Author(s): David Shultz

Measuring sea level rise along the coast

Source(s): Eos - AGU
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Earth’s ocean is clearly rising. Between the loss of land and sea ice and warmer waters expanding, rising sea level is a global issue. But the equation governing exactly where the land meets the ocean also depends on the land itself. For instance, various forces such as the motion of tectonic plates can cause vertical land motion (VLM) that either exacerbates or mitigates the threat of sea level rise.

VLM is caused by a host of different factors. Tectonic forces can drive continents up or down as plates subduct beneath one another. But motion can also result from changes in the water content in an aquifer or stored in the land’s surface water.

In a new study supported by NASA’s Sea Level Change programHammond et al. use GPS station data from thousands of sites across the planet to create a global map of VLM along the coasts, which the authors say, can be compared to tide gauge data to forecast future sea level rise.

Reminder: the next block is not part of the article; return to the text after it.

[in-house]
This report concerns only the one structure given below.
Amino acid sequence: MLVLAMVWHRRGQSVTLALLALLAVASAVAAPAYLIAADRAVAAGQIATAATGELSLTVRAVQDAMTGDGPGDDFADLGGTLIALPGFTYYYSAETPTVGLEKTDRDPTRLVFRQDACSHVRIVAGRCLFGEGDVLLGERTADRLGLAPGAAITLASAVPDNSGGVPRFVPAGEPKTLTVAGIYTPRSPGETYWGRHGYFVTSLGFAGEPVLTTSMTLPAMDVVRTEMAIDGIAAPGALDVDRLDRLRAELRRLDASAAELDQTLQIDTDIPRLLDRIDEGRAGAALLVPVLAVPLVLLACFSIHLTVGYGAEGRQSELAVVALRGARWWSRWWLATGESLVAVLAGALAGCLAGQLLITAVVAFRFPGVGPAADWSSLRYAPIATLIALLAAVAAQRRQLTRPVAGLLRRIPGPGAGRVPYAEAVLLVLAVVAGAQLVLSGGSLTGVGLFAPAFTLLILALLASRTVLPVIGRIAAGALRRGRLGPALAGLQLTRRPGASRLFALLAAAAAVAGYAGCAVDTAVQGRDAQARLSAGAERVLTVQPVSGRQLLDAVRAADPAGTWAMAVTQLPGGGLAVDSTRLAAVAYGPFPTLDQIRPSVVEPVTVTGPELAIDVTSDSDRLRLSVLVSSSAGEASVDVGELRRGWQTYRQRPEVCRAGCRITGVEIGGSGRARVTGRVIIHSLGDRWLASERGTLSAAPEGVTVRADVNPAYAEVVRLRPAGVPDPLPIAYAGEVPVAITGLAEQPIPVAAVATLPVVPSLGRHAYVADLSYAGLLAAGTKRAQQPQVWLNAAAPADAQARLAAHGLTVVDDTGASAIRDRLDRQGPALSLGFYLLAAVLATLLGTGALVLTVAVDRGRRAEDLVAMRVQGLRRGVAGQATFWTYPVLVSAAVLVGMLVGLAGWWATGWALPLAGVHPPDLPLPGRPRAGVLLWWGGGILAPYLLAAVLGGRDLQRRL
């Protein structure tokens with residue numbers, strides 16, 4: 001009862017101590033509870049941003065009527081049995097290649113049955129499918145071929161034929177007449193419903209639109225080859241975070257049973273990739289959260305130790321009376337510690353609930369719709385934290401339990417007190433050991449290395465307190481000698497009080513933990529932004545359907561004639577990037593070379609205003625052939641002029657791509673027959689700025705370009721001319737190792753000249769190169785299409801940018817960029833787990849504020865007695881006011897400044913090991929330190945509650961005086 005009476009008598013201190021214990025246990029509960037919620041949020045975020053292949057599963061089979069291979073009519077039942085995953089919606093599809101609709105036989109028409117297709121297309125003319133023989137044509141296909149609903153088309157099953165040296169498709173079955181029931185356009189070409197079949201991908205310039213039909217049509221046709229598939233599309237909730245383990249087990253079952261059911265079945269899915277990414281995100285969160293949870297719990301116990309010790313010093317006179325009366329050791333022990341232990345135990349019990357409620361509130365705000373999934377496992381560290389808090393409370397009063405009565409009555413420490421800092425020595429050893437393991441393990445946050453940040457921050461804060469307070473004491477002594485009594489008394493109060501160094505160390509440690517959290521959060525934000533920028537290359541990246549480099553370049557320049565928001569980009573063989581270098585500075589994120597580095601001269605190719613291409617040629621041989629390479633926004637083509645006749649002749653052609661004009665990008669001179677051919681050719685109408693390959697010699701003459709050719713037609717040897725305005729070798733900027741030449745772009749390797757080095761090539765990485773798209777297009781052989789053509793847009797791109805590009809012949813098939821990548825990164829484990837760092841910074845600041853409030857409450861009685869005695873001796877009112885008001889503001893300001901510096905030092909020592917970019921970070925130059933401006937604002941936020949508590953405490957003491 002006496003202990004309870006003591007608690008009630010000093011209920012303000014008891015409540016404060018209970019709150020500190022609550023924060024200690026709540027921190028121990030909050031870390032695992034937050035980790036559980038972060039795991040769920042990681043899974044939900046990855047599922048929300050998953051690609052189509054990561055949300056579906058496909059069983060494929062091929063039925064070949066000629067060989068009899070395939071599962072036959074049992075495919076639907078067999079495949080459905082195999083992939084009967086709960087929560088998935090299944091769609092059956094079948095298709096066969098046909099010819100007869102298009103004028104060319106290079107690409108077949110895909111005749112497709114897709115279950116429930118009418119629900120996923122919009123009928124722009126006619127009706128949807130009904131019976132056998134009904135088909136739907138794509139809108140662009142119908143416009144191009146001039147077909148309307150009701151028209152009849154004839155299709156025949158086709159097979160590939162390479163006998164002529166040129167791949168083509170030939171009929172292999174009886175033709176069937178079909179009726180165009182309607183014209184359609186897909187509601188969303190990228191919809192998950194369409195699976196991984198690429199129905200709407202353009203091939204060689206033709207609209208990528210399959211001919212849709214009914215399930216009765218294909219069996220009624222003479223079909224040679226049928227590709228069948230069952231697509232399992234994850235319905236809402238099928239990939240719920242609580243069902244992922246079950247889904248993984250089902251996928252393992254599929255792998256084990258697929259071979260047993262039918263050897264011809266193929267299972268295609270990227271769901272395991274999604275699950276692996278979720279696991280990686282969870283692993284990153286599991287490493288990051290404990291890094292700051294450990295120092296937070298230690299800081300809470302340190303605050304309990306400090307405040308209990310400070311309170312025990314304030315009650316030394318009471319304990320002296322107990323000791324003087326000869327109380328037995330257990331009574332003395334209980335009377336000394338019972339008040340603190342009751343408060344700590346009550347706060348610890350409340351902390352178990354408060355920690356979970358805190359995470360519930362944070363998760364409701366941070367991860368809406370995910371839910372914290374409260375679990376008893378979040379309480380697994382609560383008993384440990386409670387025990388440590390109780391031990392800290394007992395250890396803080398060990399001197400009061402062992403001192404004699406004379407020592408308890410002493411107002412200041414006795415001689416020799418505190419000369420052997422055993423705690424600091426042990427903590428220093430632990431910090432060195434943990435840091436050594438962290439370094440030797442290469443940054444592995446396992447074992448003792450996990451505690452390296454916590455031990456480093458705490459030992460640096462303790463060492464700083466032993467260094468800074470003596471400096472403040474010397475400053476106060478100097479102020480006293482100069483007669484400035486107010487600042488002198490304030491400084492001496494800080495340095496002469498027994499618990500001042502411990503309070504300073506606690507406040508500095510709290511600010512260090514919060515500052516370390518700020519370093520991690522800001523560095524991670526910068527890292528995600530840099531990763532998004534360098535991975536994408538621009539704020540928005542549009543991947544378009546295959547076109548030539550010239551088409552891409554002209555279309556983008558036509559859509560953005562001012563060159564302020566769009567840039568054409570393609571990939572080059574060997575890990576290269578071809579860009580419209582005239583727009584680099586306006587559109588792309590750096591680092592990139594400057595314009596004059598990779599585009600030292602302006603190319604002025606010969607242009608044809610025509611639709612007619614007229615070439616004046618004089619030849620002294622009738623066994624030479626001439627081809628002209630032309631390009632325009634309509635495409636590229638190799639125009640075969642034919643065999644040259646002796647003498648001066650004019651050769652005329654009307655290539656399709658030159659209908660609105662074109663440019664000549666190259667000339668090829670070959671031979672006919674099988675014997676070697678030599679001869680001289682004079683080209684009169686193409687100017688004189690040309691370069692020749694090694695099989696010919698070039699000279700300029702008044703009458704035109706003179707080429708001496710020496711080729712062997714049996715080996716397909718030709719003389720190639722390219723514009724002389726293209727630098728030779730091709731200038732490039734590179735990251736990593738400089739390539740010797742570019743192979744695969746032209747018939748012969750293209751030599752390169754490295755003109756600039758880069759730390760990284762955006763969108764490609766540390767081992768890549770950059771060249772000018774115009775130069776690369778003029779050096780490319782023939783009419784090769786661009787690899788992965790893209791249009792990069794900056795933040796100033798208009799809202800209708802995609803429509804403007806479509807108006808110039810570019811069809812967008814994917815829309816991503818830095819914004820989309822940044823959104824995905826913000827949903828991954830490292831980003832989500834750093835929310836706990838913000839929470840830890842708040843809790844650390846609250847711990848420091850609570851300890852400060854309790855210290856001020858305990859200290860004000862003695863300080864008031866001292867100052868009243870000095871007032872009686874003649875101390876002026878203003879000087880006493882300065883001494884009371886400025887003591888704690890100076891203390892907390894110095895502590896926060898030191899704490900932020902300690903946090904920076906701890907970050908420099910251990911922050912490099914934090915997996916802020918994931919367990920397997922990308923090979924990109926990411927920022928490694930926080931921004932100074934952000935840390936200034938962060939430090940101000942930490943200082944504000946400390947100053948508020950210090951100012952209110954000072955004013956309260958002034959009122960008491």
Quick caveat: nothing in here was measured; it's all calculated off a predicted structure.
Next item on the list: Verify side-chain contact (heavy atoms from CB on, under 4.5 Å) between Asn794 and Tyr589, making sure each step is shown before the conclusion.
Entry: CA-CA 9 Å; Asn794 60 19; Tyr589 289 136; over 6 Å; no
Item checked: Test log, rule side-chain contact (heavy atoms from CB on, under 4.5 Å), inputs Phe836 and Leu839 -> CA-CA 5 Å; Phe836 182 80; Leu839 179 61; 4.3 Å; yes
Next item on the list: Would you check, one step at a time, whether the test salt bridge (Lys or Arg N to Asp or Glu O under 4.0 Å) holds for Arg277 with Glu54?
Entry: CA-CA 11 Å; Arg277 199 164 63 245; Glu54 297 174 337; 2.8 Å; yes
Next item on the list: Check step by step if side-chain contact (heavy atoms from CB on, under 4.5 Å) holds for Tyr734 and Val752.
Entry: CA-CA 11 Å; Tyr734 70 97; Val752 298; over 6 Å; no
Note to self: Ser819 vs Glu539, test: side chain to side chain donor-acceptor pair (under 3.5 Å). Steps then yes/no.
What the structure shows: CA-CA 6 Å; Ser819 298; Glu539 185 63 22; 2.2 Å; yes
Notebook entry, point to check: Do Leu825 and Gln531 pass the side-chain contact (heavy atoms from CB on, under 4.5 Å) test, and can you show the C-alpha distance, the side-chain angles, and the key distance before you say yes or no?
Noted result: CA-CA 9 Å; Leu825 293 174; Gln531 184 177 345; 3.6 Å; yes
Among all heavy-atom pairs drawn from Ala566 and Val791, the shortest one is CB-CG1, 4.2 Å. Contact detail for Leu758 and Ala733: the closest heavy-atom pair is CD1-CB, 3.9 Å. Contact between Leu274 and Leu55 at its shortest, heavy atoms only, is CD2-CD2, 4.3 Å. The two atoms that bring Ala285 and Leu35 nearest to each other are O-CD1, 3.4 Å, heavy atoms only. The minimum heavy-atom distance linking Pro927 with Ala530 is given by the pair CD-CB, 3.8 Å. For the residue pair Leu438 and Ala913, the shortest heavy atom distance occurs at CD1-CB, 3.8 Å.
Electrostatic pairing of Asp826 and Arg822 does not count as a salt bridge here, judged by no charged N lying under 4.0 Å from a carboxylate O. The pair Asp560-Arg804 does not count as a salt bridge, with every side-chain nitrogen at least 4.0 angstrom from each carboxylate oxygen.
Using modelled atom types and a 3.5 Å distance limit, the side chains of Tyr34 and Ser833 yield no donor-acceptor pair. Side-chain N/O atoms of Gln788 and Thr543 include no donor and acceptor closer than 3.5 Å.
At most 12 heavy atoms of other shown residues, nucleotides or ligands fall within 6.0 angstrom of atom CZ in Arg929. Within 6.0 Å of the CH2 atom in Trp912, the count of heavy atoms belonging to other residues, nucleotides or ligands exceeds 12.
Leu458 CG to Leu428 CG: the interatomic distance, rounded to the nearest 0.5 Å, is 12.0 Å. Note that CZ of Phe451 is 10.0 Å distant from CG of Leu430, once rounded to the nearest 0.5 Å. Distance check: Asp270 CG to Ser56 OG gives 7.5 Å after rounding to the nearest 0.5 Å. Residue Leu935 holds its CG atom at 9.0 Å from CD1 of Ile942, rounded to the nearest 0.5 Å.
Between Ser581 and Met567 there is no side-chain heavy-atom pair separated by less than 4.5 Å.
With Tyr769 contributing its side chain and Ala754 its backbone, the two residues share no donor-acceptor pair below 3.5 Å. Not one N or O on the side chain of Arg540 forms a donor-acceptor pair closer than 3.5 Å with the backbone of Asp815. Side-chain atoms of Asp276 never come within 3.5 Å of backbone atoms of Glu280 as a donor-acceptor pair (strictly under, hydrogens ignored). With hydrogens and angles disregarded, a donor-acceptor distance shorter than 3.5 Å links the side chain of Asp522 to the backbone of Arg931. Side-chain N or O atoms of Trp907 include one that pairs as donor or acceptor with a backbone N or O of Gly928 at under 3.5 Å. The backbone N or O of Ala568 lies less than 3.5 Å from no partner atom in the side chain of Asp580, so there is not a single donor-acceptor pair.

One particularly important cause of VLM is glacial isostatic adjustment (GIA), which describes how Earth’s crust rebounds after ice melts away. Similar to how a memory foam mattress doesn’t rebound immediately when you roll over, the crust takes time to rebound when large amounts of ice melt. In fact, Earth’s crust is still rising in many places in the Northern Hemisphere as it recovers from the last ice age.

Thanks to GIA, the vertical land motion on Earth’s continents is upward on average, meaning the land is, on average, moving away from the core. This also means that ocean basins and ice-covered areas are, on average, subsiding. But according to the authors, if GIA is removed from the equation, the reverse is true: The land subsides, on average, and the ocean basins and ice-covered areas undergo uplift.

The global view of coastal land motion, the researchers say, should help create a reference point for measuring the threat of sea level rise as our planet continues to warm.

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